LP: You just shot something in LA. Is that how you did it?
NA: Yeah. I really love performing on location in public–seeing people around me–and then watching myself on the screen. It’s definitely a little narcissistic. But if I was going to be reflecting back on the music videos of the time then it had to be multiple scenes to have a narrative. Lip-syncing is really difficult when you’re cutting between shots having to go back and redo it multiple times. There’s always a love/hate relationship at every stage of the process.
LP: Your work seems really connected to your own adolescence but also plays off of images and stereotypes of teenage girls as they are represented in popular culture. Your choices seem very specific in terms of what you reveal
NA: When I started visualizing Darlene I imagined her being completely female and as close to these singers as I could get. But growing up very much male–born and raised playing football–there are parts I can’t get rid of. So Darlene went from being this fun humorous pop star to me delving into ideas of gender. Suddenly I found myself wearing mid-drifts and letting my belly hair show. And, I’m not that great in heals. But I let those moments–those slippages–enter because I think it’s important to blur the binary. I think it’s important to tell that aspect of the story. Even as I’ve developed this character, I’ve developed my own gender identity. Darlene has allowed me to be more comfortable with myself.
LP: Do you think she’d ever play football?
NA: That would be fun.
LP: I’m curious about the blending or slippages you describe in relation to gender.
NA: I’m building a bedroom installation [for an exhibition] and I’m blending all those things together, [starting with my early years as a boy obsessed with Barbies, to me trying to blend in by playing football, to Darlene being a fantasy and eventually making her a reality…I’m blending both of us as characters but also as valid identities.] The next video I’m making is going to be Nick and Darlene going back and forth. That was informed through me shooting and realizing I can’t dance that well in heels, I do have traditional male body hair and I don’t tuck away any of my anatomy. I keep all that just there because it’s just me bring into question the constructs of identity and subverting that.
LP: It’s important for people to be aware that it’s not full drag.
NA: I don’t want to be passable as a female. I’m not trying to impersonate the stereotypes fully. I thought that was what I wanted at the beginning because it was fun. It was like I get to play dress-up at 27 and I could never dress up as a female when I was growing up. So it started with the baseline of “it’s fun to wear a wig, do my makeup, wear heals.” Then it moved more into delving into ideas of gender. That’s why I don’t call her a drag queen but an alter ego.
LP: There can be a power in that and an importance to it.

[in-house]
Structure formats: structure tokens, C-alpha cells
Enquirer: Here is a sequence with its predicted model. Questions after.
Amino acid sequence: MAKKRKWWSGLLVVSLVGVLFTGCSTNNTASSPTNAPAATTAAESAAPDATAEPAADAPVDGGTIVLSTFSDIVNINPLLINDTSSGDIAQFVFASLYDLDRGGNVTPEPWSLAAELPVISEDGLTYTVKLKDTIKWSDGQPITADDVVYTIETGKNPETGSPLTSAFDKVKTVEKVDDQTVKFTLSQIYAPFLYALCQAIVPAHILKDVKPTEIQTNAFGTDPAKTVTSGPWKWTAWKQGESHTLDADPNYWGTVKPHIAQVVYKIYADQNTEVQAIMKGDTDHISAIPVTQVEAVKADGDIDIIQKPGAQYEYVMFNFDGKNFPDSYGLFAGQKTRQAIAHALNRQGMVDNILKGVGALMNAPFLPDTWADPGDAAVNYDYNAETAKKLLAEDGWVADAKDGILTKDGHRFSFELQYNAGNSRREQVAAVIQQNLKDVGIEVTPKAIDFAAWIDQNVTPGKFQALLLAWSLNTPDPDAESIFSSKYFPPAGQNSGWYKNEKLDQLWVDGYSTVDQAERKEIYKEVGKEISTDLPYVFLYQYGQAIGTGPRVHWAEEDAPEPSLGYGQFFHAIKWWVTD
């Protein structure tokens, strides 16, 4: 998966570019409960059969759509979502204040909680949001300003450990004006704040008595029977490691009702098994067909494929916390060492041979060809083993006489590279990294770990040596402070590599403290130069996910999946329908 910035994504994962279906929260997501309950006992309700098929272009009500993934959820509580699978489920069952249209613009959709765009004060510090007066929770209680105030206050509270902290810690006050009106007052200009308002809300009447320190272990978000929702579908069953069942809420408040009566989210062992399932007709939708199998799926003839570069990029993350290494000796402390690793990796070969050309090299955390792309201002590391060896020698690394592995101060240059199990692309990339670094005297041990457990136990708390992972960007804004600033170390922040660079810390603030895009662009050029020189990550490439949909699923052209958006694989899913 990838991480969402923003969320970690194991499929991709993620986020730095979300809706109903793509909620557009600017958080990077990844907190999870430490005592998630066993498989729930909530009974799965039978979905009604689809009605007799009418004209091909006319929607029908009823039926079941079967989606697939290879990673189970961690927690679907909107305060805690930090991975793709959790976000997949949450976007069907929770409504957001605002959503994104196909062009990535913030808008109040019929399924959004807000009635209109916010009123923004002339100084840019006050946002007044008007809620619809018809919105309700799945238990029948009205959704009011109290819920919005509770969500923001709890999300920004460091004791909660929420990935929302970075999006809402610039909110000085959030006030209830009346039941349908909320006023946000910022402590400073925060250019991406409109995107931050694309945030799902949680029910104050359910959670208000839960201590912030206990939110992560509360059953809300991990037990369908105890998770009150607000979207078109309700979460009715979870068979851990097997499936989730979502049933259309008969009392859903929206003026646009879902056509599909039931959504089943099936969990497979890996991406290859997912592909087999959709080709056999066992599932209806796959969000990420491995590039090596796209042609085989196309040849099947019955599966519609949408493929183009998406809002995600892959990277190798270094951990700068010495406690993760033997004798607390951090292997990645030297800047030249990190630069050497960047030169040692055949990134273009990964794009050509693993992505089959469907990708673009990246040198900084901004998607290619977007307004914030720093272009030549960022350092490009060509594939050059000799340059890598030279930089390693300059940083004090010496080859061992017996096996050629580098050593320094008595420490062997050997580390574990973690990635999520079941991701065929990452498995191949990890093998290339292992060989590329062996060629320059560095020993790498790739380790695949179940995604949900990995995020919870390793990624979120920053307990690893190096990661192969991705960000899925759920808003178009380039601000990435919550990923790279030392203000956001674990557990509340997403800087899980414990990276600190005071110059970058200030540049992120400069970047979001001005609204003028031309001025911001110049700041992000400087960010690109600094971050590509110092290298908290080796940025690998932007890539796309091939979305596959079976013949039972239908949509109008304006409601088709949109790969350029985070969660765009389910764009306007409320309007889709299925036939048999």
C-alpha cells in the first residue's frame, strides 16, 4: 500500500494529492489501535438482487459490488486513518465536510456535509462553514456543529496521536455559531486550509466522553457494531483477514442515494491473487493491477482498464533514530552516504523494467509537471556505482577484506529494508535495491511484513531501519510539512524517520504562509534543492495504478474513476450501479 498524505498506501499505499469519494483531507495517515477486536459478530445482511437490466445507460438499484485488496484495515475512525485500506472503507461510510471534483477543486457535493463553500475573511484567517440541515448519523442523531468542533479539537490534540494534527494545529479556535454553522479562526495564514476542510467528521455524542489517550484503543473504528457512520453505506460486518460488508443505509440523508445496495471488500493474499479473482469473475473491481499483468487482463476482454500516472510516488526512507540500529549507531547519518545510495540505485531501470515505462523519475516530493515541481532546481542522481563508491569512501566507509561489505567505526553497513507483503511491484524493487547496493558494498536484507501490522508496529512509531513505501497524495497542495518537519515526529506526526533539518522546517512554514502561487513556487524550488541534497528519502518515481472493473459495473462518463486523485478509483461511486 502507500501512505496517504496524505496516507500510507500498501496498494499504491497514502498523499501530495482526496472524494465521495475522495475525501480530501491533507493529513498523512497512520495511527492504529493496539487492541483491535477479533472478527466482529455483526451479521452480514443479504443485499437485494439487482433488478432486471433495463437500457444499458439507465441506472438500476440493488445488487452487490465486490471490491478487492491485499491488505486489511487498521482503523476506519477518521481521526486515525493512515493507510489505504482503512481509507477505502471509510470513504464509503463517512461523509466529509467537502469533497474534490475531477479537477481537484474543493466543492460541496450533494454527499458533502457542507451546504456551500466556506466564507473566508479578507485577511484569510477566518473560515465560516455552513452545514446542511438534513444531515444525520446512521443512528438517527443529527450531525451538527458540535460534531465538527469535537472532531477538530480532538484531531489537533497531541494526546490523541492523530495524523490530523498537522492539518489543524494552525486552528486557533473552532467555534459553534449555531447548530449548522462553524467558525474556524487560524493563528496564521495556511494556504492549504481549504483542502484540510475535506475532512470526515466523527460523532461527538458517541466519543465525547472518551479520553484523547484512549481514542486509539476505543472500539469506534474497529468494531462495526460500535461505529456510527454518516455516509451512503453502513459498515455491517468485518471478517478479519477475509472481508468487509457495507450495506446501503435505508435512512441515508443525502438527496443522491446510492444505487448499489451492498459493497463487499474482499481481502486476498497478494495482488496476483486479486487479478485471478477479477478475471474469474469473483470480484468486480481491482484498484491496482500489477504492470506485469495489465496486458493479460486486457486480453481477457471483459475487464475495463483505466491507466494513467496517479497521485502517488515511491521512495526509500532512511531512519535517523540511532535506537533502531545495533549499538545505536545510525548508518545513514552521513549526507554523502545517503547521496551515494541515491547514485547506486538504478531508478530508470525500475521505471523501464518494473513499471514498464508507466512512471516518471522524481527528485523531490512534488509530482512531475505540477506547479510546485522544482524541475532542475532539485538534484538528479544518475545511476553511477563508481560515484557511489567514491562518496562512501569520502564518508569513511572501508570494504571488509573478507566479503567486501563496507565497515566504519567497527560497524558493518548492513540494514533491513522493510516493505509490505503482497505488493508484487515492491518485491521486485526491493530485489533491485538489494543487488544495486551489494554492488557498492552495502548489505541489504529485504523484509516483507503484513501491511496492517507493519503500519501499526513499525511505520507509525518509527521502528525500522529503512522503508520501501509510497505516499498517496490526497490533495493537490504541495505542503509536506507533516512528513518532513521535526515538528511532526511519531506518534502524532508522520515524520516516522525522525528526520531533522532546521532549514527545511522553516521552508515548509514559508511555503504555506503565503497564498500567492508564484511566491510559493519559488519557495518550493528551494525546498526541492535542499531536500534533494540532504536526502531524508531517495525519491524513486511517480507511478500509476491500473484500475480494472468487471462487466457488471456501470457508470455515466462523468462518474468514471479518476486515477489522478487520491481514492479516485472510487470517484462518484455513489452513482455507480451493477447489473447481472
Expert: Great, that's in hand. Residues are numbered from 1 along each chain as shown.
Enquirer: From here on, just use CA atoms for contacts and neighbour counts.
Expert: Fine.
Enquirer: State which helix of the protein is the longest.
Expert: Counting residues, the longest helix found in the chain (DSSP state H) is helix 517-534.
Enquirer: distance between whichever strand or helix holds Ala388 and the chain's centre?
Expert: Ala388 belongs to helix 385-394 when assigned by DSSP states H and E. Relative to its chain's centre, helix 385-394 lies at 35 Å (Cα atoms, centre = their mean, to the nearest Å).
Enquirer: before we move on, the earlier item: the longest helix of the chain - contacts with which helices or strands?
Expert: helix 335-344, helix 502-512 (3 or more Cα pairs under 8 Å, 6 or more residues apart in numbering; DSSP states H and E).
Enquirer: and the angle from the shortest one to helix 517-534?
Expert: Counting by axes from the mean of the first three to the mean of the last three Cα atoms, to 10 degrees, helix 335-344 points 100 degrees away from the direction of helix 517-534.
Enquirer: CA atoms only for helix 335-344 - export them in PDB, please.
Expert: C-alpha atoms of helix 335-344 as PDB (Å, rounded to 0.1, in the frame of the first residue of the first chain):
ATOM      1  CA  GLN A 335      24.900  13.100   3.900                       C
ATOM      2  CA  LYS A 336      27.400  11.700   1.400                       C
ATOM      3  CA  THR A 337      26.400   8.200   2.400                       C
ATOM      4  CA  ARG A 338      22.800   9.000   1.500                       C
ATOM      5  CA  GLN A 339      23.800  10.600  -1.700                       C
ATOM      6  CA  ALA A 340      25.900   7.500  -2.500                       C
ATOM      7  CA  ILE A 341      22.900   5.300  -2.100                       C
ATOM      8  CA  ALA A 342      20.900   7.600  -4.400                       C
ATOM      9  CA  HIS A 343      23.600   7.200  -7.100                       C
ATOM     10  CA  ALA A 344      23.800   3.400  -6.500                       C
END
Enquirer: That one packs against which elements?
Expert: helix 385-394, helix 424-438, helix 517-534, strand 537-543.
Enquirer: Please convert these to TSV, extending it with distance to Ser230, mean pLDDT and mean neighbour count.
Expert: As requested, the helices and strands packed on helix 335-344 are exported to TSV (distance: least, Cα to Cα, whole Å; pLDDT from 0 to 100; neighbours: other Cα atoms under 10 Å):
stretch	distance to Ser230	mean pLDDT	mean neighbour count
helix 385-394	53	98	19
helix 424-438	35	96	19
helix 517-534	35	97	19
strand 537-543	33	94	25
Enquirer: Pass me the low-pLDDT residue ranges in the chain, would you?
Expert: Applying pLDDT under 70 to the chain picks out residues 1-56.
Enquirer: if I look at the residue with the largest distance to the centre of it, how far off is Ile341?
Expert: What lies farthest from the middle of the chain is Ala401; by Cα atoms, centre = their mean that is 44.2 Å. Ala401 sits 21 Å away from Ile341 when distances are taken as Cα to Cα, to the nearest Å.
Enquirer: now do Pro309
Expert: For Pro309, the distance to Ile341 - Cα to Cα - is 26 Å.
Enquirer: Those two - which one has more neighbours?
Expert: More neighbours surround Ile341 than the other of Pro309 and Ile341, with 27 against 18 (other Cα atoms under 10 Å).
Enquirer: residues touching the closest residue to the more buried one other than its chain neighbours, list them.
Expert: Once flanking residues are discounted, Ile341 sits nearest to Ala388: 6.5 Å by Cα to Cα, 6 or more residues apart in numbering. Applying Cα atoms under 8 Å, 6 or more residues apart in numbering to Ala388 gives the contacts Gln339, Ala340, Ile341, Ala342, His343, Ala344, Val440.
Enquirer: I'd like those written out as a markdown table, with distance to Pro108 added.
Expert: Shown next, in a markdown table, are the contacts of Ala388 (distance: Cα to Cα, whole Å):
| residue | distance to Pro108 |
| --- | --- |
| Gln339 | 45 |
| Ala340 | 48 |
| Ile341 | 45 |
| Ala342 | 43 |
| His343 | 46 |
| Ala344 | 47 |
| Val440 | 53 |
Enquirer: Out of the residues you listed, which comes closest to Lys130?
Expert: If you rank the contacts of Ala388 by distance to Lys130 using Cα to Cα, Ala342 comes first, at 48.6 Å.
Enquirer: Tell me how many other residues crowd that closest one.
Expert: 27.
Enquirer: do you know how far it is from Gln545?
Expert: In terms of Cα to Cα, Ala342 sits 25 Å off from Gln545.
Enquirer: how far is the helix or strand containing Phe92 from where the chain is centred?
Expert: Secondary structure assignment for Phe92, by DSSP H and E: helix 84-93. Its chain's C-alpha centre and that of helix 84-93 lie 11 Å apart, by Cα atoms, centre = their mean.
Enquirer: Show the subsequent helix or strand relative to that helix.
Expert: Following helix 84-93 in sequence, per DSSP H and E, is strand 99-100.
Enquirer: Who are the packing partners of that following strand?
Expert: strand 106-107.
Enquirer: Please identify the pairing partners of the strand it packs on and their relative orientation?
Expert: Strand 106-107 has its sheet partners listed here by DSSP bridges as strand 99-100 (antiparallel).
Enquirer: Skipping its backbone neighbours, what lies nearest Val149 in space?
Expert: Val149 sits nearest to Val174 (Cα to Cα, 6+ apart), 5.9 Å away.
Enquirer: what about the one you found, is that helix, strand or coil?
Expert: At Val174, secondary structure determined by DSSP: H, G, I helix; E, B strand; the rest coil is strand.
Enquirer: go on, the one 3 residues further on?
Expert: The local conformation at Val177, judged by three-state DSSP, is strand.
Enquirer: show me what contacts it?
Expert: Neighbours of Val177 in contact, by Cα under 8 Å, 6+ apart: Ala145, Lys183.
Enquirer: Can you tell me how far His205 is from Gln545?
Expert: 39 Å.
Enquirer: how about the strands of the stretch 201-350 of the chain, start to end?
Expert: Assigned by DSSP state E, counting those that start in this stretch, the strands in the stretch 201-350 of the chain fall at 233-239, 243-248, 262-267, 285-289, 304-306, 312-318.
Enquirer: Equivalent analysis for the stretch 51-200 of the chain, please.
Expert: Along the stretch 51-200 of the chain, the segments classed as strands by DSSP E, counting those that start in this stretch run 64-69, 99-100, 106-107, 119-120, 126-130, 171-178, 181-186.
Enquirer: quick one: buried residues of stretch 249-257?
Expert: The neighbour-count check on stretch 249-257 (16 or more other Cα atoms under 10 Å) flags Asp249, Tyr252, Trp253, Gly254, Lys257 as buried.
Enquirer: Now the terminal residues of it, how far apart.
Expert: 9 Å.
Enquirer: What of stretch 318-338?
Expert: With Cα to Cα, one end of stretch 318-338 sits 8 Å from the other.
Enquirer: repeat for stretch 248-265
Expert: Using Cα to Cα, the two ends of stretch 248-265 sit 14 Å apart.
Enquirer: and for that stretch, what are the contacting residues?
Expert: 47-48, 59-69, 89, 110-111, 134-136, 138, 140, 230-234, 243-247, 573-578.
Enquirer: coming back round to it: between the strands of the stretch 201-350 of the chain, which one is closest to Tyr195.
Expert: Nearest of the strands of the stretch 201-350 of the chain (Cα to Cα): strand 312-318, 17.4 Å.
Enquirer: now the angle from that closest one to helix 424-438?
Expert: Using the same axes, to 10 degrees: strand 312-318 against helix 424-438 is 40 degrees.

NA: In my experience of “high fishy drag,” as they call it, it’s more like the Hell’s Kitchen queens are lip-syncing to Britney Spears or Kesha or Madonna. They’re trying their best to be really feminine. Verses a lot of my friends in Brooklyn are sort of subverting that and not so much being the archetype of female but exploring more of an identity in a character through their performance.
LP: It’s interesting to hear you speak about an alter ego as opposed to drag.
NA: Traditionally it could be called drag but it’s much more than a performance at a bar or club. And a lot of queens have more than that as their personas.
LP: Well there’s a personal element in this character that distinguishes Darlene from just lip-syncing. Although lip-syncing to Keisha!
NA: There’s nothing wrong with it. It’s fun.
LP: It can be important too.
NA: Absolutely, it’s important. It’s important for drag to allow people to feel empowered, not to just be what they were raised to be. And escapism–having this fantasy world to escape to and seeing people do that. When I became friends with a bunch of queens I thought, “I could do this.” They’d help me with my makeup and it turned me into feeling really empowered.
But Darlene is very rooted in me being myself. To some people Darlene might be vapid. She’s more than that to me. I struggle with getting beyond the humor and these fantasy videos. I want to delve deeper into where she’s rooted.
Darlene became a part of me throughout my graduate studies, but it was this carefully focused photo shoot that allowed her inner star to shine bright. With Melody’s direction, a make-up artist carefully sculpting my face and a lighting crew, Darlene became the brave woman and heroine I wanted her to be. With the support of my peers, the mfa photo department, and a lot of trial and error with makeup and dance moves, I can finally say that I not only feel comfortable in #mycalvins, but also in my life.